"There was no doubt in my mind that I wanted to volunteer for this," said 21-year-old Airman 1st Class Yesenia Bray of her deployment to Baghdad.
As a clerk in the Joint Area Support Group-Central's Badging Section, she's responsible for helping to review, process and manage thousands of badge applications each month, while also dealing with the day-to-day issues of her job.
As one half of an Air Force couple currently serving in Iraq, her married life that began this past March had to be put on hold before it even had a chance to truly begin.
And considering both her age and newlywed status, she has neither the life experience that brings perspective to a deployment and makes it easier to cope with, nor a lengthy marital foundation upon which to lean during tough times. She has to learn both how to be a spouse and how to do it long-distance, while relying on newly wedded bliss rather than years of nuptial commitment to see herself through the difficult days.
But all that's okay with Bray; she wouldn't want it any other way.
"We both knew that it was our calling," said Bray, a California native stationed with her husband, 25-year-old Senior Airman Matthew Bray, at Nellis Air Force Base, Calif., when not deployed.
"I think that while we're both in theater, it really helps us out because even though we're not together, we're near each other."
The pair is separated by about 150 miles - he's been stationed in Kirkuk since January, while she's called Baghdad home since December 2008. Though vast tracts of desert keep the couple apart, modern technology has helped bring them together, albeit sporadically.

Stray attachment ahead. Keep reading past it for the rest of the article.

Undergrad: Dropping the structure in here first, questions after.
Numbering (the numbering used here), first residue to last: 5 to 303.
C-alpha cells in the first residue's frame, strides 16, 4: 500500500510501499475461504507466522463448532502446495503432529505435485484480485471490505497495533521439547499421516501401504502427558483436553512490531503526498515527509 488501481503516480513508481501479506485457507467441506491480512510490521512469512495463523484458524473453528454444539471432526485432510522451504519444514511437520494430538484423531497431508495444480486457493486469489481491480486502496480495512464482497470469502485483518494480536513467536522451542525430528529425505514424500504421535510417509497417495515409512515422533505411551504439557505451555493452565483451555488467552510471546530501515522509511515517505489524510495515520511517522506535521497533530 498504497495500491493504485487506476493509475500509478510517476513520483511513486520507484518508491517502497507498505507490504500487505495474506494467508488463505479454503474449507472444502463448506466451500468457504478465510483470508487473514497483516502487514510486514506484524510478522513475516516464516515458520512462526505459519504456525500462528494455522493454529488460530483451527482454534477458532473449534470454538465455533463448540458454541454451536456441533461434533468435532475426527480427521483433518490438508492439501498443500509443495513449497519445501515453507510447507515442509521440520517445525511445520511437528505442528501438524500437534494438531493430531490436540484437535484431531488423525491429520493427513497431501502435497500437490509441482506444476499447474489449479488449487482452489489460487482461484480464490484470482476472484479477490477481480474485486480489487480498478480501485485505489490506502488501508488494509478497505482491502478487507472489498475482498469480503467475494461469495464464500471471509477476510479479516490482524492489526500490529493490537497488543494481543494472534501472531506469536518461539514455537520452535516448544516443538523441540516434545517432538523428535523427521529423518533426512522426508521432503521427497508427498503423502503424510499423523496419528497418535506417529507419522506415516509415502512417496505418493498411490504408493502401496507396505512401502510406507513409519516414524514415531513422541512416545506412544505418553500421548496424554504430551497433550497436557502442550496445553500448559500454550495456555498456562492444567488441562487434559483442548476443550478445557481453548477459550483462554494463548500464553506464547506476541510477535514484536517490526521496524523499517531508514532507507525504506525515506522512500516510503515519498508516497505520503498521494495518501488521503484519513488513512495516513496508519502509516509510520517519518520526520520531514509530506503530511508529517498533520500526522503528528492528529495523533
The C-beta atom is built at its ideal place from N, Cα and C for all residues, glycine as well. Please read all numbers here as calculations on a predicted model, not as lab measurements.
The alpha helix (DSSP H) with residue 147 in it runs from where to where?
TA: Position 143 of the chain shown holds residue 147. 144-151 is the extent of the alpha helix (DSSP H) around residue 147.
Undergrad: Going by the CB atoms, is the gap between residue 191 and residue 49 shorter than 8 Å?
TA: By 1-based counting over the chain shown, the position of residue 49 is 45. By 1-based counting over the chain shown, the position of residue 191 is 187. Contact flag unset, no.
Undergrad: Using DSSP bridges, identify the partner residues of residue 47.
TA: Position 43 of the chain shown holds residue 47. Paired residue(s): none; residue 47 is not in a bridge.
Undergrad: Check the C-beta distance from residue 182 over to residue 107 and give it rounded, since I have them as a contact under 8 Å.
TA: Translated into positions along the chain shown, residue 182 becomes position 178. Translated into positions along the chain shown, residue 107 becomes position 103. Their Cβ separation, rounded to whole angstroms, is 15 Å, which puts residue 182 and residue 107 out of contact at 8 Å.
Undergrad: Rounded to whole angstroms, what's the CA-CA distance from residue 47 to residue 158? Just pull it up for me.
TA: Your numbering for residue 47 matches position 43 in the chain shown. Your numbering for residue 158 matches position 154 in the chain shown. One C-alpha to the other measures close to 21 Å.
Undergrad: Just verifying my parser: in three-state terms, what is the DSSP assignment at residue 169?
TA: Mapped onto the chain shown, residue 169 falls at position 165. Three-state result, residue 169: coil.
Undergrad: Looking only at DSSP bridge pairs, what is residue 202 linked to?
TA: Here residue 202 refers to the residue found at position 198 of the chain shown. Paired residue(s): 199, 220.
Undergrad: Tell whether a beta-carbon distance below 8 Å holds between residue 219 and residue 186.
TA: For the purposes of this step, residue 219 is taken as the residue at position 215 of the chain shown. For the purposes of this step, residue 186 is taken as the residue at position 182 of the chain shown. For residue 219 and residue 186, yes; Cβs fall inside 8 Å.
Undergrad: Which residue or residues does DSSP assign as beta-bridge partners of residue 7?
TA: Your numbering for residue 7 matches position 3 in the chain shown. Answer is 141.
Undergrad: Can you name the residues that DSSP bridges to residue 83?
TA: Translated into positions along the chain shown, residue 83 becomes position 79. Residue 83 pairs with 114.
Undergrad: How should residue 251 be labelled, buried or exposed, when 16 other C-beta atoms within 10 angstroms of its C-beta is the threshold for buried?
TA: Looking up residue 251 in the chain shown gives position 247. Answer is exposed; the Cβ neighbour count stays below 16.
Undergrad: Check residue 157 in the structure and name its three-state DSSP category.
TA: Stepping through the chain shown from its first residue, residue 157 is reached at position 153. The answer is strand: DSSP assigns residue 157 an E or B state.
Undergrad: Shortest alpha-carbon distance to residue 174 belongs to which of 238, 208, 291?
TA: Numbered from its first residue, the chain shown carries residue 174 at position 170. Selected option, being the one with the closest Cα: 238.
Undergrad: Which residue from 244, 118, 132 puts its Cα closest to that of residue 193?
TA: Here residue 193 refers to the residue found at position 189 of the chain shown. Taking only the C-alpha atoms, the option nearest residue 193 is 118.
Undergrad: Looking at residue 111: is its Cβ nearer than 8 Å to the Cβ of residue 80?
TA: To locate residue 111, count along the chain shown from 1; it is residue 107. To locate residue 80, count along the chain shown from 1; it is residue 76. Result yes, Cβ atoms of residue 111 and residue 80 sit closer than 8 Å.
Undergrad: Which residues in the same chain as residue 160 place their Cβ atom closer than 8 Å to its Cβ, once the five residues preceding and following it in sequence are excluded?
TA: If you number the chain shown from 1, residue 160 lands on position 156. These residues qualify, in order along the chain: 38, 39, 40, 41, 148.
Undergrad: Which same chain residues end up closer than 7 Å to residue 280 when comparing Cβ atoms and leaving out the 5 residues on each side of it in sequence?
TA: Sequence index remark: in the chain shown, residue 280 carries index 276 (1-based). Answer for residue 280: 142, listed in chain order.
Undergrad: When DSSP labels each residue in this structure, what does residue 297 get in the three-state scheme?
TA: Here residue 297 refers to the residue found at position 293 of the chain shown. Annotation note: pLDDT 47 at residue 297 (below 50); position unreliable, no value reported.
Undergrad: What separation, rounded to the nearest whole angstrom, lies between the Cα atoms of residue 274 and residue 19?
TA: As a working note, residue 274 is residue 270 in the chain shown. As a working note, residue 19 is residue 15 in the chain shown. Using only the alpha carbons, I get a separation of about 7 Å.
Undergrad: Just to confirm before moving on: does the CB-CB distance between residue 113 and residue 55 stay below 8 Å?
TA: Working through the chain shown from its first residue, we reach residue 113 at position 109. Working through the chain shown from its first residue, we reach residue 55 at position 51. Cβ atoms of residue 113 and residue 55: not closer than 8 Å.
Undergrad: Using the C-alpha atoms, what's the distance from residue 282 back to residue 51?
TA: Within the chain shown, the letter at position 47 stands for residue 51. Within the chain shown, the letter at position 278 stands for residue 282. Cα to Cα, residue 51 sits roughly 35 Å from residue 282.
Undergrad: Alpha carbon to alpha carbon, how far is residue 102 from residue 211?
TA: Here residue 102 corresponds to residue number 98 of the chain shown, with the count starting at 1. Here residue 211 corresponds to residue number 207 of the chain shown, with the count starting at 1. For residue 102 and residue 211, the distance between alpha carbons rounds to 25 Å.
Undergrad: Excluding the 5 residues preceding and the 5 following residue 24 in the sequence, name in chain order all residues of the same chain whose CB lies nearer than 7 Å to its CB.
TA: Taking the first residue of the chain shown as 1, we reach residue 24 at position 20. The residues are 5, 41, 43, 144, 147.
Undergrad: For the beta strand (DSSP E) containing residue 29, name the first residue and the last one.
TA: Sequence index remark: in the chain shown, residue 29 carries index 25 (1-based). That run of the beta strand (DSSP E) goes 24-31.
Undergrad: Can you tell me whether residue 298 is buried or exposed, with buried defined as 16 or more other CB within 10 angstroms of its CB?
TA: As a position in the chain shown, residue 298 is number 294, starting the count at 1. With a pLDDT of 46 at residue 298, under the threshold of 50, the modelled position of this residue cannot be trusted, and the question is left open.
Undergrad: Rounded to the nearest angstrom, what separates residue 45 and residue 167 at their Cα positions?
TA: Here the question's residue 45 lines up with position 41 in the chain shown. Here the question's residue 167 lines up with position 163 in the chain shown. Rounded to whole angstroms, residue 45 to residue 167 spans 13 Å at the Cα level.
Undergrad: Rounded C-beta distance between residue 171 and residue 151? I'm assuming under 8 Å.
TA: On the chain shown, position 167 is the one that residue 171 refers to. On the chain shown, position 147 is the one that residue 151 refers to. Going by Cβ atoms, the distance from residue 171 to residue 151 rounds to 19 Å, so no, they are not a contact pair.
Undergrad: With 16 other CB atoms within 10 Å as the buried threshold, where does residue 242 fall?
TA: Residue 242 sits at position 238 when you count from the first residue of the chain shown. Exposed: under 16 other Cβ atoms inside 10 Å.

"We try to communicate every day, but it's really hard," Yesenia explained. "Where I'm at is paradise to where he's at. I have Internet whenever I want it, and it's really hard for him to get access."
"We try to tell each other, 'You've got to make it through, you've got to stay strong for me,'" she said. "Just hearing his voice makes a huge difference."
Hearing her husband's voice is more than just a comforting reminder of her true love; it also lets her know he's safe and unharmed.
"He gets hit more than we do, and that really worries me," she said about the rocket attacks her husband endures on a consistant basis. "It gets hard sometimes. It gets rough. We have to just stay strong."
Yesenia draws strength from the the knowledge that she and her husband will soon be reunited.
"We missed our first Christmas together. We're missing our first anniversary, but the fact is that we're getting to experience this together," she added.
Both Yesenia and her husband are scheduled to arrive home by June, but she knows this will not be the final deployment for either of them.
"There are many more to come, and when our number's called, we'll be right there," she promised. "We're really proud to serve our country."